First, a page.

These prohibited transaction provisions of Title I and the Code generally prohibit fiduciaries with respect to “plans,” including workplace retirement plans (Plans) and individual retirement accounts and annuities (IRAs), from engaging in self-dealing and receiving compensation from third parties in connection with transactions involving the Plans and IRAs. The provisions also prohibit purchasing and selling investments with the Plans and IRAs when the fiduciaries are acting on behalf of their own accounts (principal transactions). This exemption allows investment advice fiduciaries to plans under both Title I and the Code to receive compensation, including as a result of advice to roll over assets from a Plan to an IRA, and to engage in principal transactions, that would otherwise violate the prohibited transaction provisions of Title I and the Code. The exemption applies to Securities and Exchange Commission – and state-registered investment advisers, broker-dealers, banks, insurance companies, and their employees, agents, and representatives that are investment advice fiduciaries.
Allowing commissioned advisors to receive compensation as the result of prohibited transactions imperils the very definition of being a fiduciary.
Now investment professionals can self-deal in all of these ways, ignoring most of the fiduciary requirements and making as much money as they can off an unsuspecting public.
Broker-dealers can now ignore the fiduciary standard and continue their business model of gouging clients.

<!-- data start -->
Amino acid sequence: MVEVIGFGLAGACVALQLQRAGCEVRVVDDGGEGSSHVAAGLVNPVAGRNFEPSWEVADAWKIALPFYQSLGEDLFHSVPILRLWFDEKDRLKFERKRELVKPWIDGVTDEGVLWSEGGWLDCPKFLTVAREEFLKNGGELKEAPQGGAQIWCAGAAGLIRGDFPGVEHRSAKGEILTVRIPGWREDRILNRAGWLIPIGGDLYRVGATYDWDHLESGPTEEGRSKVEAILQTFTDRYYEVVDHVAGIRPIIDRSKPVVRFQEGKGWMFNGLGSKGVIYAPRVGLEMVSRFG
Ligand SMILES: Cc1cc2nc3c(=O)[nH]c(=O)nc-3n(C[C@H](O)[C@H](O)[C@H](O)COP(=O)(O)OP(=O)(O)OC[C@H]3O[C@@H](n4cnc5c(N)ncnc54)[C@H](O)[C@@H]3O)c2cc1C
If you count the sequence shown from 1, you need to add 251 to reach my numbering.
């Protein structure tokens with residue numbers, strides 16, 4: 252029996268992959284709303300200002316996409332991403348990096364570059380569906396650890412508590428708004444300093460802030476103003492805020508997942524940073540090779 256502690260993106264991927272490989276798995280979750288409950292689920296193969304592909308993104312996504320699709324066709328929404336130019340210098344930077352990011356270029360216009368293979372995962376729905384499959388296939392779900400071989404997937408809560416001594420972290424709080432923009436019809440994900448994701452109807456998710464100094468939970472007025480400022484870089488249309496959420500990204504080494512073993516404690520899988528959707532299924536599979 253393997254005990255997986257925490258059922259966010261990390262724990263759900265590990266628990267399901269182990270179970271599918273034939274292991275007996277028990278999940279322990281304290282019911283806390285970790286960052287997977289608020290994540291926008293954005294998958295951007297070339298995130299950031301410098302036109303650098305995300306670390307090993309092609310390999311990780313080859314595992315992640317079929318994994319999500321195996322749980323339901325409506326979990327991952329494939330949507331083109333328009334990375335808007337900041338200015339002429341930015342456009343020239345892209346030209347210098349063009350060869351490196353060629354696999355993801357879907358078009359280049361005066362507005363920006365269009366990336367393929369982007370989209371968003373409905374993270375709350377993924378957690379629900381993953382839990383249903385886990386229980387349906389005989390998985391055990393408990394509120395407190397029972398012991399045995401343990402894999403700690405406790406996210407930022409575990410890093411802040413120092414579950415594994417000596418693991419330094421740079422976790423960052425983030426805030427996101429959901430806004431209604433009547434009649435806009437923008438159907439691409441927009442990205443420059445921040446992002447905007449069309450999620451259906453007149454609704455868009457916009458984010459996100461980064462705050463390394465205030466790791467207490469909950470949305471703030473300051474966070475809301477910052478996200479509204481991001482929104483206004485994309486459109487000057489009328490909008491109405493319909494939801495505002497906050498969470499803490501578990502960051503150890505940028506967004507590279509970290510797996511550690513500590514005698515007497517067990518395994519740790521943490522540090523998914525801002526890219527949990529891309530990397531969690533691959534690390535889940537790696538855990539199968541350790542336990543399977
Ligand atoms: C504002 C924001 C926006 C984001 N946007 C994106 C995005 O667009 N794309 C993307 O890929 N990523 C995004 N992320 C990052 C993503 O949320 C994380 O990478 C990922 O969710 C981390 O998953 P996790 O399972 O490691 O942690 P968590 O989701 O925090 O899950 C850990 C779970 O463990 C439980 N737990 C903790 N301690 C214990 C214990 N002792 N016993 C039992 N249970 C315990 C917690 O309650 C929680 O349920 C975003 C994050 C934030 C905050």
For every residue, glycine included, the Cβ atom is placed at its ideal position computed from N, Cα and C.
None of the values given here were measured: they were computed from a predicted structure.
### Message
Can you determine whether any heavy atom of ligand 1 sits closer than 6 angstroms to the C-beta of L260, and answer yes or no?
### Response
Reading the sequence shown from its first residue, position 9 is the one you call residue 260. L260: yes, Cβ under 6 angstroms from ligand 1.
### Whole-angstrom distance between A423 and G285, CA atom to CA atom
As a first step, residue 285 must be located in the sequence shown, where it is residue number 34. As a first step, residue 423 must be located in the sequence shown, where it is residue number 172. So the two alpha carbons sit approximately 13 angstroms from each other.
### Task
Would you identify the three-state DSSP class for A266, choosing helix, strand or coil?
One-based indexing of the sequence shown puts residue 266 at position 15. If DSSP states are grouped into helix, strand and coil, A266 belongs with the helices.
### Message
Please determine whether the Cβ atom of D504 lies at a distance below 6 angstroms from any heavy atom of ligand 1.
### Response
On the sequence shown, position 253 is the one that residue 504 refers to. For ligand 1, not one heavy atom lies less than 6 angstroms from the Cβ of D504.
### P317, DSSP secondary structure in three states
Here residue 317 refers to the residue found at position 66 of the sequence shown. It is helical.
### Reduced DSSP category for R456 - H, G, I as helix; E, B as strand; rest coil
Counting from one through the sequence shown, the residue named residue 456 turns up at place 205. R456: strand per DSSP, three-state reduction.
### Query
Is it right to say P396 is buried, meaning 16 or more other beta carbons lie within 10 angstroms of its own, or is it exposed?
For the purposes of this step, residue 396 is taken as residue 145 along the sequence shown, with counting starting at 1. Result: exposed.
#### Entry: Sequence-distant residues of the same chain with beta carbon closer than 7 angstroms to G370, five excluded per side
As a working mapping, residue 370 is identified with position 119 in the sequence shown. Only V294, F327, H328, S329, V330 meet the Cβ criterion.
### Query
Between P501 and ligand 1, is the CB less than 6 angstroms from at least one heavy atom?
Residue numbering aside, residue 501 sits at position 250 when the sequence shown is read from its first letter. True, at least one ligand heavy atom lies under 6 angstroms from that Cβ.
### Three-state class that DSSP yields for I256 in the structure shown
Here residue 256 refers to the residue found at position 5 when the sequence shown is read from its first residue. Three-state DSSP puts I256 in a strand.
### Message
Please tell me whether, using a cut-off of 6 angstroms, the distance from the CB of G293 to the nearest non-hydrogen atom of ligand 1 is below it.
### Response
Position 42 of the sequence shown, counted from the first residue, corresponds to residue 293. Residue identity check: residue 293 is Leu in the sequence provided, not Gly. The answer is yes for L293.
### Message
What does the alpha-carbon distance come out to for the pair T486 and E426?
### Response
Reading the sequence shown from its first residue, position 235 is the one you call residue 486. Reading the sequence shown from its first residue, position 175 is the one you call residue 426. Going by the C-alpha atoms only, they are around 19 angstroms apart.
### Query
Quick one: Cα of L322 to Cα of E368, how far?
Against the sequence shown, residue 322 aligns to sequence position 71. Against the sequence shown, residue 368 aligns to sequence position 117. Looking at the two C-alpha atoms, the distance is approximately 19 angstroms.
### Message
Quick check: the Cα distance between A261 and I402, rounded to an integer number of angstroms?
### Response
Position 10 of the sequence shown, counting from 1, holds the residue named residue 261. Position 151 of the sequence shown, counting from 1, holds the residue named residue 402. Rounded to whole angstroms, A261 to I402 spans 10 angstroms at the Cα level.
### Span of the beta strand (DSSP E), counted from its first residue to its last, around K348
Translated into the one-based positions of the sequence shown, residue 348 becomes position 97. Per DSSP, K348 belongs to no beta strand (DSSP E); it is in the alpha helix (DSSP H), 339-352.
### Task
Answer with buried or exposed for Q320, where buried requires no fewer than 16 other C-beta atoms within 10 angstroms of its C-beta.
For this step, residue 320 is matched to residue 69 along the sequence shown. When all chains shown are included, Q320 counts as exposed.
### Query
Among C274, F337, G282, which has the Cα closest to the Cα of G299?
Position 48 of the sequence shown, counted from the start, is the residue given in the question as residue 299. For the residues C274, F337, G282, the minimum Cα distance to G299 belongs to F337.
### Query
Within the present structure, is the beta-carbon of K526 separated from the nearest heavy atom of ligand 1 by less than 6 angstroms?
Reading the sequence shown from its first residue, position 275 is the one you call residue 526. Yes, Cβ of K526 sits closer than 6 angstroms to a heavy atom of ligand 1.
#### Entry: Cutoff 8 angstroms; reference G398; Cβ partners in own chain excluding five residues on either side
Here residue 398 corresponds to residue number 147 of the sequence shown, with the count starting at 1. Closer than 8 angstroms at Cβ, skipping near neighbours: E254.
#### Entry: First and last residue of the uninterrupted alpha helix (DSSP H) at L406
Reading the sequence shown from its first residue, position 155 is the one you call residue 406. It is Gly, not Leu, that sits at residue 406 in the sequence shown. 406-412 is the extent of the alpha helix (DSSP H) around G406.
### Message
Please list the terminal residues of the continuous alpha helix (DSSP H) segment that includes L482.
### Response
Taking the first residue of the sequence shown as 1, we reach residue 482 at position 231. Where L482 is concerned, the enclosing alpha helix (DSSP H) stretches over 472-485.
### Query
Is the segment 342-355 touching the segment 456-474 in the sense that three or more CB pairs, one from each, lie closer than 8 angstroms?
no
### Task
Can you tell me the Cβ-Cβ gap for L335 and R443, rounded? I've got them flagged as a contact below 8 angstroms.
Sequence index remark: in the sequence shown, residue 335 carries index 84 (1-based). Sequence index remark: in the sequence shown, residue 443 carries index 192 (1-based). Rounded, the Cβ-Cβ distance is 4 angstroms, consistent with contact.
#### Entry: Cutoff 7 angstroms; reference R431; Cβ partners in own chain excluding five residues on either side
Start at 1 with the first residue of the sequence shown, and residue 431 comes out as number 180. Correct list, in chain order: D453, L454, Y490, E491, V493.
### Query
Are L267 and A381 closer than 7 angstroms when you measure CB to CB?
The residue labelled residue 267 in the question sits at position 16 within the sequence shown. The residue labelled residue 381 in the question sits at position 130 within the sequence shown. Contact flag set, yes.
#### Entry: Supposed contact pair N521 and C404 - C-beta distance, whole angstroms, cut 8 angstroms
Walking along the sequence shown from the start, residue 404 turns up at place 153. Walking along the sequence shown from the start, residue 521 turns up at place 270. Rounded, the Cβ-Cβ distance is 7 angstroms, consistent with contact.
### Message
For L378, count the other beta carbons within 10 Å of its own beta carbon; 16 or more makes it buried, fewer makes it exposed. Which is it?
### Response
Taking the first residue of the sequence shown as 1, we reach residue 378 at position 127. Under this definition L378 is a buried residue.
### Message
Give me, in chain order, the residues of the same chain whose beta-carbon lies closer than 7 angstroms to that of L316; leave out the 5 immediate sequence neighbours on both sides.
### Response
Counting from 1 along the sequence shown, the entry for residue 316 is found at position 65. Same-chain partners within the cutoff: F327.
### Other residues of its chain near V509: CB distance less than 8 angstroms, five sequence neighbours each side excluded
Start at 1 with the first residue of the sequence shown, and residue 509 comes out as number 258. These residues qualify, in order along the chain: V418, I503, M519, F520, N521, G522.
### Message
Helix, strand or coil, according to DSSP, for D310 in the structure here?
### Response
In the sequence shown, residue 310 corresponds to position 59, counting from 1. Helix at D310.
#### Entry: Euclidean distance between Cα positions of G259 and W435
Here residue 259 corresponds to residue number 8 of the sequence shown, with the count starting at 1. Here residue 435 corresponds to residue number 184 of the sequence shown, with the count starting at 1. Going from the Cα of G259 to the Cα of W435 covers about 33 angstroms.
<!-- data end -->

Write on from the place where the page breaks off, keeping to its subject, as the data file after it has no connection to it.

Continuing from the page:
These seven new exemptions are symptoms of a much larger problem. Many commission-based agents don’t know how much their companies profit from their actions. Nor are they cognizant of how much they cost their clients because they are required to choose from the small number of commission-based funds from which they profit. This is all part of the trouble with 401(k) plans run by salespeople.
The seven payments above cover a great number of commission-based techniques, but “not limited to” (#8) grants a blanket exemption to bad behavior. The term “not limited to” appears 295 times in the Department of Labor’s press release, a glaring concession to the commission-based financial salespeople.
In this press release, the Department of Labor is misusing the term fiduciary as “someone responsible for a 401(k).” Being responsible for a 401(k) doesn’t make you a fiduciary. Neither does following all the rules and taking advantage of all the exemptions. Fiduciaries are bound by principle to avoid self dealing. Fiduciaries aren’t regulated by rules or concerned with what they can get away with legally via an exemption. Fiduciaries should still be bound by their fiduciary oath to ignore these rules and refrain from self-dealing.
On account of these dilutions to the very definition of “fiduciary”, limit your selection to a “fee-only” fiduciary. Fee-only prohibits making any money from these so-called exemptions.
Being a fiduciary means more, regardless of what the Department of Labor might write in their press releases.
Photo by Timothy Perry on Unsplash